Our First E-book and Audiobook

Our First E-book and Audiobook

Do you prefer to read on paper or on a screen? For many people, the answer is both, depending on what they’re reading.

Until now, Kloria has published only the printed word. Children benefit from having books they can hold in their hands, turn the pages, look at the illustrations, or bringing them to parents or siblings to read and sing.

Just a few months after Kloria entered the realm of adult fiction with Katie Schuermann’s The Saints of Whistle Grove, an e-book and audiobook edition are available. Digital versions of books can offer greater convenience than printed books, but printed books still hold enduring value, especially in our digital age.

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For thousands of years, mankind has read tangible copies of books, whether ancient scrolls, medieval manuscripts, or the first copies of Gutenberg’s Bible. And for most of human history, books were copied by hand—it’s just in the last 500 years that printed books have been widespread.

E-books are a much newer innovation—the Kindle was first sold by Amazon in 2007. Just because something is historical doesn’t mean it can’t be improved, but we also shouldn’t adopt a new alternative simply because it exists.

Physical books offer a unique constancy in today's fast-paced world. Whereas digital content can be easily changed or quietly updated, physical books cannot be modified except by a new printing. And while e-book readers can adjust font size and style, the typesetting of a physical book is an art in itself.

According to the magazine Scientific American, reading a physical copy of a certain text increases memory of details and helps readers to find a passage again. Physical books also encourage readers to mark the pages, which can help in remembering and processing the text.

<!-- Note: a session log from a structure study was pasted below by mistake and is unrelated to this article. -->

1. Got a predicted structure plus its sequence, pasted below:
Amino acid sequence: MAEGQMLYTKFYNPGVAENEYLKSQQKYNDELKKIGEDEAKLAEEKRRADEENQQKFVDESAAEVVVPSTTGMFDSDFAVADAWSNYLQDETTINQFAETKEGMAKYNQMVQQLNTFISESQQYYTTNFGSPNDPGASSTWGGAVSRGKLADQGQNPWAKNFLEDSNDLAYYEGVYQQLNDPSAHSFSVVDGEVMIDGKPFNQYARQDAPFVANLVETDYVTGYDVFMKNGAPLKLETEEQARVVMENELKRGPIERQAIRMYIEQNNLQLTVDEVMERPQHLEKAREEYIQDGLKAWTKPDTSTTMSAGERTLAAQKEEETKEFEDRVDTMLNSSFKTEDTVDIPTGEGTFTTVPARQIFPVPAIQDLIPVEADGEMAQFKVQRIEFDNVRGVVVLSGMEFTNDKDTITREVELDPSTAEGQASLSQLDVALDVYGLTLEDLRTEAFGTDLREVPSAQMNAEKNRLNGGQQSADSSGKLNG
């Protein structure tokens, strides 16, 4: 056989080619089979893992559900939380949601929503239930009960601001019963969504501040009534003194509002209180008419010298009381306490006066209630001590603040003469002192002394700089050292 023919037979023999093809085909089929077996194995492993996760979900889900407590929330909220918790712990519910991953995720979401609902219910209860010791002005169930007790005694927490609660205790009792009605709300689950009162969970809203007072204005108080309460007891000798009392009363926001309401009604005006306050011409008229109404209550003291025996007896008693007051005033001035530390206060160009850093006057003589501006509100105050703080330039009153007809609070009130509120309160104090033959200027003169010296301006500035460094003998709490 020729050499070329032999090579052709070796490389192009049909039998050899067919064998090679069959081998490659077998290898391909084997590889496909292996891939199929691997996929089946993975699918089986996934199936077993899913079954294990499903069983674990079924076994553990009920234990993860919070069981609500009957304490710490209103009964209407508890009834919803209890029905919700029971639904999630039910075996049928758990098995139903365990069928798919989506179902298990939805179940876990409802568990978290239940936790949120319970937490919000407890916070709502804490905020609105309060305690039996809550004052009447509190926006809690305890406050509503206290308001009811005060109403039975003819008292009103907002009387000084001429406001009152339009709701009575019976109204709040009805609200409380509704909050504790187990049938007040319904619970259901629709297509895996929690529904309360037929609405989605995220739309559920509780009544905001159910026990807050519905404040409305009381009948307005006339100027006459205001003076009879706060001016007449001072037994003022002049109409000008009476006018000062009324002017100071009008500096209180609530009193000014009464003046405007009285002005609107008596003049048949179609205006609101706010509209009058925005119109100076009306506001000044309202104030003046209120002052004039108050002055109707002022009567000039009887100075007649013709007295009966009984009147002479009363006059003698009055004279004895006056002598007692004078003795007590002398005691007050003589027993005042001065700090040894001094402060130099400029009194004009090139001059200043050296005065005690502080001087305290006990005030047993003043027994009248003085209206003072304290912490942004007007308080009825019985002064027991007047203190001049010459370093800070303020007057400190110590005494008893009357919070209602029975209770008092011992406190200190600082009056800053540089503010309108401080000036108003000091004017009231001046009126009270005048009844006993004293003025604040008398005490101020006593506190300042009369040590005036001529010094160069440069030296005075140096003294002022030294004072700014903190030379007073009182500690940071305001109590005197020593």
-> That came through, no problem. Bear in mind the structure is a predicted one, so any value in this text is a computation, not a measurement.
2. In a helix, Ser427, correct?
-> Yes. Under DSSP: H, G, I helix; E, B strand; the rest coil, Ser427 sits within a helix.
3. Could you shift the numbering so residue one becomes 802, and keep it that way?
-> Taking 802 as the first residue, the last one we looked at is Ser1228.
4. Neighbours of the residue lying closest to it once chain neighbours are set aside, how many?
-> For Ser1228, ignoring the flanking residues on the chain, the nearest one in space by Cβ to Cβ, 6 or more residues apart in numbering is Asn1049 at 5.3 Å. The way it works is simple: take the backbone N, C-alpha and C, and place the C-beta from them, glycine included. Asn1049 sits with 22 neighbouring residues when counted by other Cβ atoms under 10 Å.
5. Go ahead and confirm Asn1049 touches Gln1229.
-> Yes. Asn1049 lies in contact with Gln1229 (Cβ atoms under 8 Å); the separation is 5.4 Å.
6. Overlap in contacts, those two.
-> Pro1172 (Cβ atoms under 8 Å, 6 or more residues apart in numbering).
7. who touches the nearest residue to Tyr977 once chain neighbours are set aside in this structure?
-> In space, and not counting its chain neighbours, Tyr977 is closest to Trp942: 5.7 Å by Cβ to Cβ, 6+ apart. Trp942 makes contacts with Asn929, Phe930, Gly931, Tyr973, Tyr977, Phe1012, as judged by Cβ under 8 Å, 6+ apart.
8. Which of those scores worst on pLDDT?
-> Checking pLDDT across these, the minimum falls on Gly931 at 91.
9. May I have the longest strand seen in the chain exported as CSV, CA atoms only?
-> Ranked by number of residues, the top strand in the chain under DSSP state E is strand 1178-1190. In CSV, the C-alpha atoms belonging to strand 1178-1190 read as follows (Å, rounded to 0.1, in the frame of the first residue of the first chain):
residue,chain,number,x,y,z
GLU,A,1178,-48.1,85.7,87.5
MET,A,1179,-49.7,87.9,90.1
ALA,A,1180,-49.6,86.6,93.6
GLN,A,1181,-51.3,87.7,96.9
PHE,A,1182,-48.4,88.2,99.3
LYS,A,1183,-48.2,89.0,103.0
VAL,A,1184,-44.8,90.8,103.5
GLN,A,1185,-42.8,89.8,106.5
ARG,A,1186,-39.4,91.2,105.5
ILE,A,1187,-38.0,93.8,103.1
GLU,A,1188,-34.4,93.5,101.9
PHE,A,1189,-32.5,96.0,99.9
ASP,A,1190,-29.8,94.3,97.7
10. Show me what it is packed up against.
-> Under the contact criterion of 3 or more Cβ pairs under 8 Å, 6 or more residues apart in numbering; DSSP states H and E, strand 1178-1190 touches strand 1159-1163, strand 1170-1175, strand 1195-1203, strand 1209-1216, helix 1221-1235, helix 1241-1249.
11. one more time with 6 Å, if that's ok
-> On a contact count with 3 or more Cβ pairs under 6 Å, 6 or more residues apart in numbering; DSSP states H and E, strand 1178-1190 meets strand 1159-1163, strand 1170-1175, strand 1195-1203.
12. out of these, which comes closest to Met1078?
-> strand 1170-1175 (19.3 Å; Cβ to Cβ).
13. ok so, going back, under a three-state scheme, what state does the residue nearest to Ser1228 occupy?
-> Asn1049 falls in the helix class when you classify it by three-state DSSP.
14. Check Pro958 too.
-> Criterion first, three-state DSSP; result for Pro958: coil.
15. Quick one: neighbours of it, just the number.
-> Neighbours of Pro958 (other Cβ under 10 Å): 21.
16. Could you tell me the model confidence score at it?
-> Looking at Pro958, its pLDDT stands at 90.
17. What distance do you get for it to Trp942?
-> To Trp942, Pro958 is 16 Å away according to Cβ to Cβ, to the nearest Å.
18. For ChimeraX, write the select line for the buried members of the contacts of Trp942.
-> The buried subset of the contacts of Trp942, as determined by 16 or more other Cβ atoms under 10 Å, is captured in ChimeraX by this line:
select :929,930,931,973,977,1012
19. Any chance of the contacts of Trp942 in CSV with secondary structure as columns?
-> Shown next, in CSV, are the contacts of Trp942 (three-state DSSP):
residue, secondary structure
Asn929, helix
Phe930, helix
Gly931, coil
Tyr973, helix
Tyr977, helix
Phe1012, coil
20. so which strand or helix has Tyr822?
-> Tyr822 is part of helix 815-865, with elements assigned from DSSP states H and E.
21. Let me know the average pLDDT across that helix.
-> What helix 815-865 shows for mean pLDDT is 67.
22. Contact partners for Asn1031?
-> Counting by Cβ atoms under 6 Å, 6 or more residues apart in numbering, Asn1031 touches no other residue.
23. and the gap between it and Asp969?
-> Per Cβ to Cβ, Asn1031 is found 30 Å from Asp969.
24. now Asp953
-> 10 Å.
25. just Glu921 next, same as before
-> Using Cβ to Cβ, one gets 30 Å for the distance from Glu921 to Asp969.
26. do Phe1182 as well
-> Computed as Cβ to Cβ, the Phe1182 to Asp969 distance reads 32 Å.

But perhaps the greatest reason to appreciate physical books is that God gave mankind both a body and a soul. The ancient philosophy of gnosticism saw the body as separate from and inferior to the soul. Similarly, our society’s use of technology threatens to separate the tangible from the real. Much of life can be lived through technology, from work to school to social interactions.

That being said, some readers still find advantages in digital alternatives. Unlike bulky physical books, e-books take up very little room, and can easily be accessed on a phone or another device. Particularly while traveling, this convenience is necessary to many people’s reading habits.

Audiobooks also hold a certain advantage—they don’t need actually to be read. Both children and adults can listen to the spoken word while busy with other activities that would not allow them to sit down and read. In the case of Kloria's audiobook of The Saints of Whistle Grove, author Katie Schuermann has narrated her own book, allowing listeners to invite the author into their homes and hear the story directly from her.

The printed book remains valuable, and offers many advantages that electronic books cannot. But, for some readers, electronic copies may be more practical in certain contexts. Technology, though it can be misused, is not inherently bad; it is just a tool. Kloria will always be committed to the printed word, but for those who need or prefer an e-book or audiobook edition of The Saints of Whistle Grove, both are available from Amazon.

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